A brute-force attack is where malicious or criminal actors use automated software to generate a large number of consecutive guesses as to the value of the desired data, for example passwords.
How do I respond to a data breach?
Data breaches can be caused or exacerbated by a variety of factors, involving different types of personal information, and give rise to a range of actual or potential harms to individuals and entities. As such, there is no single way of responding to a data breach. Each breach will need to be dealt with on a case-by-case basis, with an understanding of the risks posed by a breach and the actions that would be most effective in reducing or removing these risks. Generally, the actions taken following a data breach should follow four key steps:
- Contain the data breach to prevent any further compromise of personal information.
- Assess the data breach by gathering the facts and evaluating the risks, including potential harm to affected individuals and, where possible, taking action to remediate any risk of harm.
- Notify individuals and the OAIC, if required. If the breach is an ‘eligible data breach’ under the NDB scheme, it may be mandatory for the entity to notify.
- Review the incident and consider what actions can be taken to prevent future breaches.
Would it constitute a data breach if a client provided me with incorrect contact information and I subsequently sent sensitive documents to the wrong address?
We cannot provide advice about whether a specific data breach is notifiable. To determine whether you need to notify, you should consider the following:
- Does the Privacy Act apply to me?
- Has there been a data breach that is an unauthorised disclosure, or a loss of personal information I hold?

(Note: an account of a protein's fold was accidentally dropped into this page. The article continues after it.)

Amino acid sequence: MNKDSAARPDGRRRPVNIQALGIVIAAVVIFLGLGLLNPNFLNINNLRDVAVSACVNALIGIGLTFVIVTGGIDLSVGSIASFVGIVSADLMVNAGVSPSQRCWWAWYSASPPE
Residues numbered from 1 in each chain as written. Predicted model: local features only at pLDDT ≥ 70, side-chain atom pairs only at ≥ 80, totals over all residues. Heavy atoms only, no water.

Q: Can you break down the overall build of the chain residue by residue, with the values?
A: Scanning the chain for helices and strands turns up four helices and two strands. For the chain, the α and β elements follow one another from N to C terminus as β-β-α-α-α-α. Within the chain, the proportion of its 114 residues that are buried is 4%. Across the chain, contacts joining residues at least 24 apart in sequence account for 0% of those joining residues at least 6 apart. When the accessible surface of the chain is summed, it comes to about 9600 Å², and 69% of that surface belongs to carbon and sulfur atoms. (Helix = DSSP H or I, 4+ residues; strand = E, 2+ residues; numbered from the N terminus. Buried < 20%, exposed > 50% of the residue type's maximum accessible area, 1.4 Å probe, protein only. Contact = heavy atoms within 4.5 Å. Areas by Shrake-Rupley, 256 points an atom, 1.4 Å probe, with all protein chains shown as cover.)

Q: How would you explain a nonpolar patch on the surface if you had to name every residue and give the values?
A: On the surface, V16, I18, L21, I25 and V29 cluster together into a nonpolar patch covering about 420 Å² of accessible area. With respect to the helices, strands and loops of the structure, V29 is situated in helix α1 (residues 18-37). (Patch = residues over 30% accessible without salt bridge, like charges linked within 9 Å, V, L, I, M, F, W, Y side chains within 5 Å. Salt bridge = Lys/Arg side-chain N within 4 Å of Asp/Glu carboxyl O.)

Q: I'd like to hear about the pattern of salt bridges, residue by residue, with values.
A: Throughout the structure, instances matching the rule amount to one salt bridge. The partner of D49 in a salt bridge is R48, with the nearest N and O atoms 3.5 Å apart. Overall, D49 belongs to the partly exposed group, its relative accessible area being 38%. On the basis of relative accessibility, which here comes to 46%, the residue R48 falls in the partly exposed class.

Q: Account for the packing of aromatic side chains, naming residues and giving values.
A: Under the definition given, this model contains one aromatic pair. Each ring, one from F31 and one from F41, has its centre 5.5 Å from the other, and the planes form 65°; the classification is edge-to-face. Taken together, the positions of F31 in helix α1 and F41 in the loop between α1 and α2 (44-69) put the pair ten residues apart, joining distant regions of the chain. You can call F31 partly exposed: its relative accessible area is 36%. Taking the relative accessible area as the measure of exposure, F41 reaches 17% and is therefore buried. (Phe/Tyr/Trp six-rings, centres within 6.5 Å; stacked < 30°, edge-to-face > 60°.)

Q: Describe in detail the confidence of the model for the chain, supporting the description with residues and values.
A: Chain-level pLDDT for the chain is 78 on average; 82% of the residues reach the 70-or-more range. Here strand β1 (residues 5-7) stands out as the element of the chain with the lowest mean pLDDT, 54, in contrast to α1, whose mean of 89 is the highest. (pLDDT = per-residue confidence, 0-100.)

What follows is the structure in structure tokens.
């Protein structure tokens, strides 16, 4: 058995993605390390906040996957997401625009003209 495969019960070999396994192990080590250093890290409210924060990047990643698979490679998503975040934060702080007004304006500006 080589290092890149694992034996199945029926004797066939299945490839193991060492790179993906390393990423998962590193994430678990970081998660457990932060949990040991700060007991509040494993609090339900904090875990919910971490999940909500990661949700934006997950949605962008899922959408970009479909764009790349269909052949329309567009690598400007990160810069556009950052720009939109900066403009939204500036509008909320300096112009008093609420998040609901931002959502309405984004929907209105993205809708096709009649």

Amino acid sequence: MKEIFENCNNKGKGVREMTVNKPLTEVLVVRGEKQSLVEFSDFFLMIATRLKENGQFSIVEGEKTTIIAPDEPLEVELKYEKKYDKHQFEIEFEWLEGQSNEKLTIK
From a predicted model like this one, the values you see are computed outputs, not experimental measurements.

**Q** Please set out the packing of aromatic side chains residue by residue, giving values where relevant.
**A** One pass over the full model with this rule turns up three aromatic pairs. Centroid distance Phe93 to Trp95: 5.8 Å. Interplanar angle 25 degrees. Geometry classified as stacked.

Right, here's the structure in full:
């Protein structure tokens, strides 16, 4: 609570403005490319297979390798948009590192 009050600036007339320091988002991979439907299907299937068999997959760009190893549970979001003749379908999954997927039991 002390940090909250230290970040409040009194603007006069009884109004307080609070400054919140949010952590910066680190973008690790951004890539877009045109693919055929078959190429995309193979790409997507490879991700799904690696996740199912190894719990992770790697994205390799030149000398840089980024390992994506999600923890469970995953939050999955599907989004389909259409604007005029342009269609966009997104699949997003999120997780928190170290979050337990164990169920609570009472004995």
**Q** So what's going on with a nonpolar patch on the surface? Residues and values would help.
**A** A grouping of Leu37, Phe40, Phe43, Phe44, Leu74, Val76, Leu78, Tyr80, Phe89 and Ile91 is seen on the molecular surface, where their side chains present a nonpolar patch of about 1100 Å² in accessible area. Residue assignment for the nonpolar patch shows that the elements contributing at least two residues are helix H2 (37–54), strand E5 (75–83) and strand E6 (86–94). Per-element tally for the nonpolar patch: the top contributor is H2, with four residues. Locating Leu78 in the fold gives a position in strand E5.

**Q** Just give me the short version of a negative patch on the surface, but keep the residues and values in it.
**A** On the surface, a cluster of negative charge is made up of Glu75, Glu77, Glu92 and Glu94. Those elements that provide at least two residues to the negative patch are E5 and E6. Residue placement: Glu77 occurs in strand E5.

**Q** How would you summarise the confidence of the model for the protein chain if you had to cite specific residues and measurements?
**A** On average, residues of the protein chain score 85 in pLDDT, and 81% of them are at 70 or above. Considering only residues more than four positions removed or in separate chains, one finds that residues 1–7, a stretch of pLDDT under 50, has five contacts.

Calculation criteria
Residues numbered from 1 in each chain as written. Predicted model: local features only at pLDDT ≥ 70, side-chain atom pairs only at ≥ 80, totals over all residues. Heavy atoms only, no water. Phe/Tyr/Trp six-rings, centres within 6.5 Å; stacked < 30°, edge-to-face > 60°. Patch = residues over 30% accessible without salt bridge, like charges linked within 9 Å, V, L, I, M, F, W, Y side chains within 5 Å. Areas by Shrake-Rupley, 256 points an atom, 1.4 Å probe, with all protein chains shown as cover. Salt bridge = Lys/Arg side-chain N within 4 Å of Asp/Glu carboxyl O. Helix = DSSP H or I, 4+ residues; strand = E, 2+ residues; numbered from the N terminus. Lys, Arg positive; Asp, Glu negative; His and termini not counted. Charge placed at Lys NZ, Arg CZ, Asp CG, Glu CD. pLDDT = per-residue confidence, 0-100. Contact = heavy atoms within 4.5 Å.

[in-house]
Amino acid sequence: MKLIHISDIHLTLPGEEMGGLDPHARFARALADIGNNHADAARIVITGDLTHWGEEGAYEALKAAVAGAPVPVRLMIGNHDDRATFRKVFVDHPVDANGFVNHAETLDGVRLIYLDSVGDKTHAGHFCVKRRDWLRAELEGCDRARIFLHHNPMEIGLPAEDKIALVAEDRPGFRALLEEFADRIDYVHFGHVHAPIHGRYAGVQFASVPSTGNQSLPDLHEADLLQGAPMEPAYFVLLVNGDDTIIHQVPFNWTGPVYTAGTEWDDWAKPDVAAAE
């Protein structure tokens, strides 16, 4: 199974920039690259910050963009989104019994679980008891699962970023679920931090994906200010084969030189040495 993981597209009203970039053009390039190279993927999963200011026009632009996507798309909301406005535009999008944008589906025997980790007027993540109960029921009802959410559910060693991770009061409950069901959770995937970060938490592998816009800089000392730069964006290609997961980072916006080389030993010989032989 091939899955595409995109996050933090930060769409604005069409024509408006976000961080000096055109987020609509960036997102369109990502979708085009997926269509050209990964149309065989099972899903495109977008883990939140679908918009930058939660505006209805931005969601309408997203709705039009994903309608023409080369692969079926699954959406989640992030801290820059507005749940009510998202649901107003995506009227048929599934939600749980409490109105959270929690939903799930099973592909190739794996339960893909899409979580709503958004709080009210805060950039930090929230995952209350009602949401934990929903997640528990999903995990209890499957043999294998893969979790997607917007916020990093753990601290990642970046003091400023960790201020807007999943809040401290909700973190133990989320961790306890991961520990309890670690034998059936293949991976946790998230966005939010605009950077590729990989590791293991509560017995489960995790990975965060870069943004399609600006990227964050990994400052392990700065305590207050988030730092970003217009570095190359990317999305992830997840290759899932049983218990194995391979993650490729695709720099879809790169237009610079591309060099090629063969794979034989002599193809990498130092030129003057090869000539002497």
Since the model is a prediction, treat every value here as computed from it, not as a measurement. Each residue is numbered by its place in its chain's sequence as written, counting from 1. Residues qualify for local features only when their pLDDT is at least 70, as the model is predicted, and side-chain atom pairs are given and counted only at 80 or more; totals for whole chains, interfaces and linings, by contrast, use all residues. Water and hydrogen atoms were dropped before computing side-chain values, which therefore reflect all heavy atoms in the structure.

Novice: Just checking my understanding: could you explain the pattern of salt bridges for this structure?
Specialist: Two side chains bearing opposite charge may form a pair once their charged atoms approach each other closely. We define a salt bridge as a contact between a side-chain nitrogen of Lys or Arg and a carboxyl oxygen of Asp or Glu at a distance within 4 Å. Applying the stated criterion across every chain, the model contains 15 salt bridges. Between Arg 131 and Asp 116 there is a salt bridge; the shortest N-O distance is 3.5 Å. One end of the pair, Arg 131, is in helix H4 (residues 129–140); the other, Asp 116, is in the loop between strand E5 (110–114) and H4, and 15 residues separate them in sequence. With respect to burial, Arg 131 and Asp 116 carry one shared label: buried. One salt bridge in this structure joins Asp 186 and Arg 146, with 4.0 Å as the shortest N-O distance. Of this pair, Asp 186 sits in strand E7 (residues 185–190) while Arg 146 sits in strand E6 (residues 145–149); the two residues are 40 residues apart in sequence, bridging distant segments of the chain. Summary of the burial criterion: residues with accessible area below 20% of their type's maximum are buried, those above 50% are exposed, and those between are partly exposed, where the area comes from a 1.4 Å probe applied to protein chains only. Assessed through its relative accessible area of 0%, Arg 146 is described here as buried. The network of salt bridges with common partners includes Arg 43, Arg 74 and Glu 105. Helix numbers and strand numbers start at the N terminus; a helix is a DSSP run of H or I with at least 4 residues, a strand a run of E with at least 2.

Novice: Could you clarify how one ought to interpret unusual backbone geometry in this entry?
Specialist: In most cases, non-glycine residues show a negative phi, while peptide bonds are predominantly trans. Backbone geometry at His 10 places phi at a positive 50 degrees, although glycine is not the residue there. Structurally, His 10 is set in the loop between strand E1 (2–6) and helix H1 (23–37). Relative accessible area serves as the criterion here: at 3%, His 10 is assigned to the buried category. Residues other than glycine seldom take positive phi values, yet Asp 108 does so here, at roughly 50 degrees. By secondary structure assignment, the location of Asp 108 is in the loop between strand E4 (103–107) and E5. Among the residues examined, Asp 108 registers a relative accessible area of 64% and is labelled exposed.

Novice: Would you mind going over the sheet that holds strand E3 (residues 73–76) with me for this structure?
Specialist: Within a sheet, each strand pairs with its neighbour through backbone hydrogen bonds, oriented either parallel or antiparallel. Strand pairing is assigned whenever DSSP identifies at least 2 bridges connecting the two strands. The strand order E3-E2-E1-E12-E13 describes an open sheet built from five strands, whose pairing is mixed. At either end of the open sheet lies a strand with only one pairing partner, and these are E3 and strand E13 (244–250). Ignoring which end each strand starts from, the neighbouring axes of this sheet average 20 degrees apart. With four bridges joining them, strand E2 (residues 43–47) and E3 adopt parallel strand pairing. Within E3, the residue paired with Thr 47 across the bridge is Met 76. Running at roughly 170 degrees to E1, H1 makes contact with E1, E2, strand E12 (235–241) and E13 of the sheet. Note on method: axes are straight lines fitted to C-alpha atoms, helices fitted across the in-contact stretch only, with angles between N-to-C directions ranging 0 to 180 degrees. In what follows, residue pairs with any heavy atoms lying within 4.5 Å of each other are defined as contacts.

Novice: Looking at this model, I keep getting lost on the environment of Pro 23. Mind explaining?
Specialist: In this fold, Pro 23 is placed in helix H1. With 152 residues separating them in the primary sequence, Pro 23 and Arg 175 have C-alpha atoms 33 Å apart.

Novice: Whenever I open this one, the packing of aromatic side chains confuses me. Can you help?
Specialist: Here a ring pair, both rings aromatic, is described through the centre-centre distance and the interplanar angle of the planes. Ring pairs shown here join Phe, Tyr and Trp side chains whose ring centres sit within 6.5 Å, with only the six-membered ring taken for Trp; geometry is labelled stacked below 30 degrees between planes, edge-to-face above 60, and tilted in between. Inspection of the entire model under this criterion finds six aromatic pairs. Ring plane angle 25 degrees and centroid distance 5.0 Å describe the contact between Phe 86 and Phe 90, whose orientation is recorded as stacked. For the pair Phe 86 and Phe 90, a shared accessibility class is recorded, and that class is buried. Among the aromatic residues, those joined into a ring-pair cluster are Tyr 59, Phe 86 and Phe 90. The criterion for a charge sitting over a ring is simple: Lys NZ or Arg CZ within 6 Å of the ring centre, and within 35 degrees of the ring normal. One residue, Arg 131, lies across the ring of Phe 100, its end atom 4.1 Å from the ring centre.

Is it true that the Notifiable Data Breaches scheme does not apply to entities not covered by the Privacy Act (which for most tax agents would be those with more than a $3 million turnover)?
Where a tax agent has an annual turnover less than $3 million but they are TFN recipients, their handling of TFN information may still be subject to the Privacy Act 1988 and therefore the Notifiable Data Breaches (NDB) scheme.
What penalties are imposed on organisations that continue to suffer data breaches?
Contraventions of certain provisions of the NDB scheme, including the requirement to notify individuals in the event of an eligible data breach, are subject to a range of existing regulatory and enforcement powers available to the Information Commissioner under the Privacy Act. The Commissioner’s powers range from investigating and conciliating a complaint, to making a determination, including to redress any loss or damage suffered by the complainant, to applying to the Federal Court for a civil penalty order in the event of a serious or repeated interference with privacy.
Where can I find information about the ‘reasonable’ practices and strategies (e.g. security software) I should be implementing in order to protect myself against cyber-attacks?
Protecting yourself against cyber-attacks involves more than simply installing security software. Of course, ensuring you have reputable antivirus and antimalware security software is a good first step and some software providers even provide free versions that are quite capable. Generally however, it’s recommended that individuals or small and medium organisations refer to the guiding principles created by the Australian Cyber Security Centre. You may also want to consult with an IT consultant or expert to find a solution that best meets your needs.